If you’re struggling to get your little (or big) one to eat their five a day, then why not try helping them to grow their own fruit and veg from scratch. Helping children to plant, nurture and harvest their own healthy crops not only teaches where food comes from, but also helps them feel more connected and attached to the plants being grown. Eagerly awaiting the growth of a fruit or vegetable that is ripe enough to pick will have them excited to not only pick it, but try it too. Some of the best and easiest plants to start with are thought to be peas, strawberries, carrots or radishes so why not give it a go this year.

4. Feeling Creative?

When it comes to being creative in the garden, growing your own pizza toppings is a sure fire way to get even the most unenthusiastic of children out into the garden and having fun. If you have the space, then measure out a circle shape and section as you would a pizza, in each ‘slice’ you have grow the herbs need to make your very own pizza. On the subject of ‘growing your own’ another brilliant idea is to let children spell out their name of initials into a bed or large container using cress seeds (or other salad seeds). They can then watch them grow into the letters of their name until they are ready to cut and make into a tasty, rather personalised salad!

5. Make A Sensory Path

If you’re feeling a little more adventurous and possibly have slightly older children to help, you could consider building a sensory path for the garden. You’ll need to take a trip to your local Tates of Sussex Garden Centre to collect a few essential items such as bricks and sharp sand, but once you’ve marked out where you would like your path to go, it’s a simple case of letting your creativity flow and filling in the blanks. A sensory path can be whatever you want it to be, and is a fantastic way to help children explore different materials and feel more connected to nature, it can also be incredibly relaxing for adults too!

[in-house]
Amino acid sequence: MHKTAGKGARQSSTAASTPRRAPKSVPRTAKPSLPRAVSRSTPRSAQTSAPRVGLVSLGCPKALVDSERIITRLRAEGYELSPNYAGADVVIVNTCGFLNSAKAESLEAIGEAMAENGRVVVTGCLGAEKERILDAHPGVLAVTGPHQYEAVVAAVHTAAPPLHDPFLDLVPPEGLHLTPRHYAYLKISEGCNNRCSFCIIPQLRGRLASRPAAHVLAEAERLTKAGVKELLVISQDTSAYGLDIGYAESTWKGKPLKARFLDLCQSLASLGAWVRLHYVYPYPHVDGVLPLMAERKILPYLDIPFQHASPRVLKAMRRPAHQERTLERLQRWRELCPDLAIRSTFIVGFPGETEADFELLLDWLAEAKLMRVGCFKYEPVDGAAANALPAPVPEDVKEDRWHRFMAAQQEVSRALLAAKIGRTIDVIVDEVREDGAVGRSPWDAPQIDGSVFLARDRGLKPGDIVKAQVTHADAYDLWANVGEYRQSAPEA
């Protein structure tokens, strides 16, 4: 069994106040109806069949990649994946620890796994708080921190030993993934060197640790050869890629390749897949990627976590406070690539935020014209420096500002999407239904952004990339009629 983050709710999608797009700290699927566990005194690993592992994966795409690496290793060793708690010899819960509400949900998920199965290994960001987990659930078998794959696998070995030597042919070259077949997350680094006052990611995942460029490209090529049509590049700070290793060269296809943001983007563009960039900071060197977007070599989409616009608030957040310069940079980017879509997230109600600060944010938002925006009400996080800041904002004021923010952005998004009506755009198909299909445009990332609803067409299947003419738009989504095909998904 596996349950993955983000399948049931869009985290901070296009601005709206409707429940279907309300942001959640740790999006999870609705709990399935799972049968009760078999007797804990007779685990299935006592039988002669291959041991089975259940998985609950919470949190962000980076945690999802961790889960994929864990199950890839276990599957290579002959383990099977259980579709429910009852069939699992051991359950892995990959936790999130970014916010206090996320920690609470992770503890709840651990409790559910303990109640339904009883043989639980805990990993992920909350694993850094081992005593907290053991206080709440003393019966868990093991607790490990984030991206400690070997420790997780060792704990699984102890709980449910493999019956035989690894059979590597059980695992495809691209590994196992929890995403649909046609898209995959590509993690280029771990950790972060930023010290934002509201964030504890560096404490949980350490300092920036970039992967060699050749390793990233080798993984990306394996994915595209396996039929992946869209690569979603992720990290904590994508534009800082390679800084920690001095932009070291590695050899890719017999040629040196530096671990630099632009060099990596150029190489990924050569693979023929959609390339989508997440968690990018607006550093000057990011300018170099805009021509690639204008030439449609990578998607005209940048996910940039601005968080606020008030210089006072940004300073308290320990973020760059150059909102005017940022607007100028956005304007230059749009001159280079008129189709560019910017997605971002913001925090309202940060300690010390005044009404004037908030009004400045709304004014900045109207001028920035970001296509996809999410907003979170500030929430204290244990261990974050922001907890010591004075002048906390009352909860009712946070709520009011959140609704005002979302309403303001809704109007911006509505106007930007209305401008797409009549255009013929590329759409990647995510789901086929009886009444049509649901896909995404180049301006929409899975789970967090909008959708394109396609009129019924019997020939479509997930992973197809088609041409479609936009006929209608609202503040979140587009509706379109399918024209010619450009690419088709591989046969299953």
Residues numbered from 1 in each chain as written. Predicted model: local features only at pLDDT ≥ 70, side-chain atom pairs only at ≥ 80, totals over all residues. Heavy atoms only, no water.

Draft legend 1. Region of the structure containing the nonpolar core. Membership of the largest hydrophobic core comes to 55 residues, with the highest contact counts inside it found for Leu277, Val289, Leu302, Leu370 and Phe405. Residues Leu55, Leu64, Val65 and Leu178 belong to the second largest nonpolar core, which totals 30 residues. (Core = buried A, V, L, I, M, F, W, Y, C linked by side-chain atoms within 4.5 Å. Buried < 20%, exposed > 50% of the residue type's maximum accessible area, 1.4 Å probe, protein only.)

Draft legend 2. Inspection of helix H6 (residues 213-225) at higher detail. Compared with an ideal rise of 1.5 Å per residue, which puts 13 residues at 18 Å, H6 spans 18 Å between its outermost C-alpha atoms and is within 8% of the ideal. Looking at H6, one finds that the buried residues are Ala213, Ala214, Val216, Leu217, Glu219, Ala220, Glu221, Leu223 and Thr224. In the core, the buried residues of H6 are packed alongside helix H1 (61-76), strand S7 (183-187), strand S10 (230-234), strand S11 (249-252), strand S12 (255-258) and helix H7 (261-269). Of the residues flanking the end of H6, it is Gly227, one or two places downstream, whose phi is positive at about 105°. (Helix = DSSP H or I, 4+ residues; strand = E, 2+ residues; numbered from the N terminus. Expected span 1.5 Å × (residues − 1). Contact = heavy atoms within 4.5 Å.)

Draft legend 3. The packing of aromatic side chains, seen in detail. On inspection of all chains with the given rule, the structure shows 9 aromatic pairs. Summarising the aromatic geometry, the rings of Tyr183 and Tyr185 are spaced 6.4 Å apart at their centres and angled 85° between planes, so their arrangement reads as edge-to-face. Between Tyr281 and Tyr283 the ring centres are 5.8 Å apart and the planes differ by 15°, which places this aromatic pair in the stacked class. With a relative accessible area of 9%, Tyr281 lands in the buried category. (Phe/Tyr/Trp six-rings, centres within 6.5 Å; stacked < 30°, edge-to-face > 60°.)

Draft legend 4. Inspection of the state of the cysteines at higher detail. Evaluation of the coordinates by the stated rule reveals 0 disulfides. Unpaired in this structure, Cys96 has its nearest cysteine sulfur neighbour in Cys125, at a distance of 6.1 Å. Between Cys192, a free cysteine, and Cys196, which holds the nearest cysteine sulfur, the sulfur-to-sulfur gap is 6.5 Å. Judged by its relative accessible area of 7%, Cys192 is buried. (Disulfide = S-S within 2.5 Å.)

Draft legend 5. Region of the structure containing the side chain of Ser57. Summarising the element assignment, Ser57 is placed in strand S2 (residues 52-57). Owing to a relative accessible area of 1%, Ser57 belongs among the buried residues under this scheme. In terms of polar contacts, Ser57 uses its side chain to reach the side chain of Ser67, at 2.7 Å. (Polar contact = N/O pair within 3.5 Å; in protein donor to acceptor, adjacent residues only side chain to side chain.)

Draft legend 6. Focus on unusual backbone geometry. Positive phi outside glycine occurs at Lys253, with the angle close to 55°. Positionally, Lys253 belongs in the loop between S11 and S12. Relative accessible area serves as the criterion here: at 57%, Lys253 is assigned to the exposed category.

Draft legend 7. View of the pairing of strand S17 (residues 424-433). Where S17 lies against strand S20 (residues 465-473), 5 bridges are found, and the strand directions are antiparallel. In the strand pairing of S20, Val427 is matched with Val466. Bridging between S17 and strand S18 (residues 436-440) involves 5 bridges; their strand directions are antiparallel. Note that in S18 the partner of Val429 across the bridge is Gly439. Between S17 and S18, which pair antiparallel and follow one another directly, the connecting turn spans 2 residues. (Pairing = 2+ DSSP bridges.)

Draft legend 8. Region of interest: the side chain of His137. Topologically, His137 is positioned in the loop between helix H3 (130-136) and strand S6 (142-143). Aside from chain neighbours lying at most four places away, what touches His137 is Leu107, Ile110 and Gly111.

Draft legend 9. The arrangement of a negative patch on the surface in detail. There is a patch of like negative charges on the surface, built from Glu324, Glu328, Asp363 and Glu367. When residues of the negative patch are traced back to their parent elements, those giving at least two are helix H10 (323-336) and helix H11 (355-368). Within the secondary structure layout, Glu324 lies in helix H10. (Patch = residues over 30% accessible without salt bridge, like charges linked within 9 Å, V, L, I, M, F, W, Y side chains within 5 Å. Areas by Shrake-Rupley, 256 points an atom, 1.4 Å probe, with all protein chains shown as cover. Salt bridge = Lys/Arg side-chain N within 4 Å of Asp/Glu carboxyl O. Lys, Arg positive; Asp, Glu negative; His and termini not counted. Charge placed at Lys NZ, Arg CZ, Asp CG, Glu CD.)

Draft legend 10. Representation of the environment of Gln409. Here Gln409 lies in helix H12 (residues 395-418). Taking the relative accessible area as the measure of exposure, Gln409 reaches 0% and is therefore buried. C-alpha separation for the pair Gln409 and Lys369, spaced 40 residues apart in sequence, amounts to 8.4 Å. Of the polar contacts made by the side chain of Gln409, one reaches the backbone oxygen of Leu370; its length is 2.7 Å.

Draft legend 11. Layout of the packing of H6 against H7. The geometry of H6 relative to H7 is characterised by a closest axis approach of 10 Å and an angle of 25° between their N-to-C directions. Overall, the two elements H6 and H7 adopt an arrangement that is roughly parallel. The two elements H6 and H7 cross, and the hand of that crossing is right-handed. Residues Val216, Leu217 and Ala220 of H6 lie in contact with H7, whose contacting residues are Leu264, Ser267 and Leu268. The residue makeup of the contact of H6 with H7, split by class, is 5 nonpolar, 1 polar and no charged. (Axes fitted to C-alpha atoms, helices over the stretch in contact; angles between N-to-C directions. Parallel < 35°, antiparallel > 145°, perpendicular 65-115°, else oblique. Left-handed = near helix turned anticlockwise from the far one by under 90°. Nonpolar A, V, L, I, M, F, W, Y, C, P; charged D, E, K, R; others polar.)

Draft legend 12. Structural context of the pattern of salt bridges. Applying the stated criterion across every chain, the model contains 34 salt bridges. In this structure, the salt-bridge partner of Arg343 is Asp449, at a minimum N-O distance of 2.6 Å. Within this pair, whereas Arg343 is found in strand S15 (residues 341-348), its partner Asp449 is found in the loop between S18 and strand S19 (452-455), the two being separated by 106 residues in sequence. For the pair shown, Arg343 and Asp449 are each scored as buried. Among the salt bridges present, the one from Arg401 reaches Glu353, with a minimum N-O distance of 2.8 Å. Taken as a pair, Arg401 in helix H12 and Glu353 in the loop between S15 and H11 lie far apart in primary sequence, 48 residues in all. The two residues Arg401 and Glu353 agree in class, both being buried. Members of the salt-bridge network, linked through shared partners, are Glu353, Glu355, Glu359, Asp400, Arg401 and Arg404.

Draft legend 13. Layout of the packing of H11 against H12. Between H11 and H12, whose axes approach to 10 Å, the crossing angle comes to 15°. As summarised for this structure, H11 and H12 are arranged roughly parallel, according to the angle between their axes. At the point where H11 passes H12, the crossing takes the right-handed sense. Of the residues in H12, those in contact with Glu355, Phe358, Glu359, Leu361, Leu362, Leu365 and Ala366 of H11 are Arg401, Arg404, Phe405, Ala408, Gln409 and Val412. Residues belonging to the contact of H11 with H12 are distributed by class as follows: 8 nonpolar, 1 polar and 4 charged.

6. Build A Fort

As a fantastic addition to playhouses, a trellis fort is simple to construct out of willow, branches, bamboo canes and twine to really help spark little imaginations. Helping children to plant a vining plant at the base, such as a sweet pea or honeysuckle, they can watch them grow upwards into the fort or tunnel, guiding them as they grow. It is a great way for kids to connect with nature as they see their own spaces become transformed by plants, making the perfect shady spaces to hide and play.

If you don’t have a garden of your own, no problem, a lot of planting can actually be done indoors or at an allotment if you have access to one.You can also make use of garden buildings (preferably with a window) such as garden sheds, summer houses, log cabins or even garden offices. Garden or no garden, there really are no barriers to getting our children more involved with gardening, and with so many health and social benefits starting them as young as possible can only seem to have a positive impact on their wellbeing. Here at Tates of Sussex Garden Centres we are celebrating National Children’s Gardening Week in style, with a range of exciting events and activities for children of all ages to get involved with. On Thursday 30th May we will be holding a sunflower seed planting workshop at our Paradise Park site from 11am-3pm. All of our garden centres will be holding a colouring competition, and there will be a fun gardening quiz at our South Downs Nurseries, Old Barn Garden Centre and Mayberry Garden Centre over the course of the week.

If you’re looking for a few more ideas to get yours (and your children’s) gardening habits off to a good start, have a read of our top gardening tips for May where you’ll be sure to find some fantastic ways to kick your gardening practice into gear. You can also visit one of our Garden Centres across Sussex, where we stock a number of seeds perfect for budding gardeners, as well as offer advice and guidance on making gardening fun for little ones.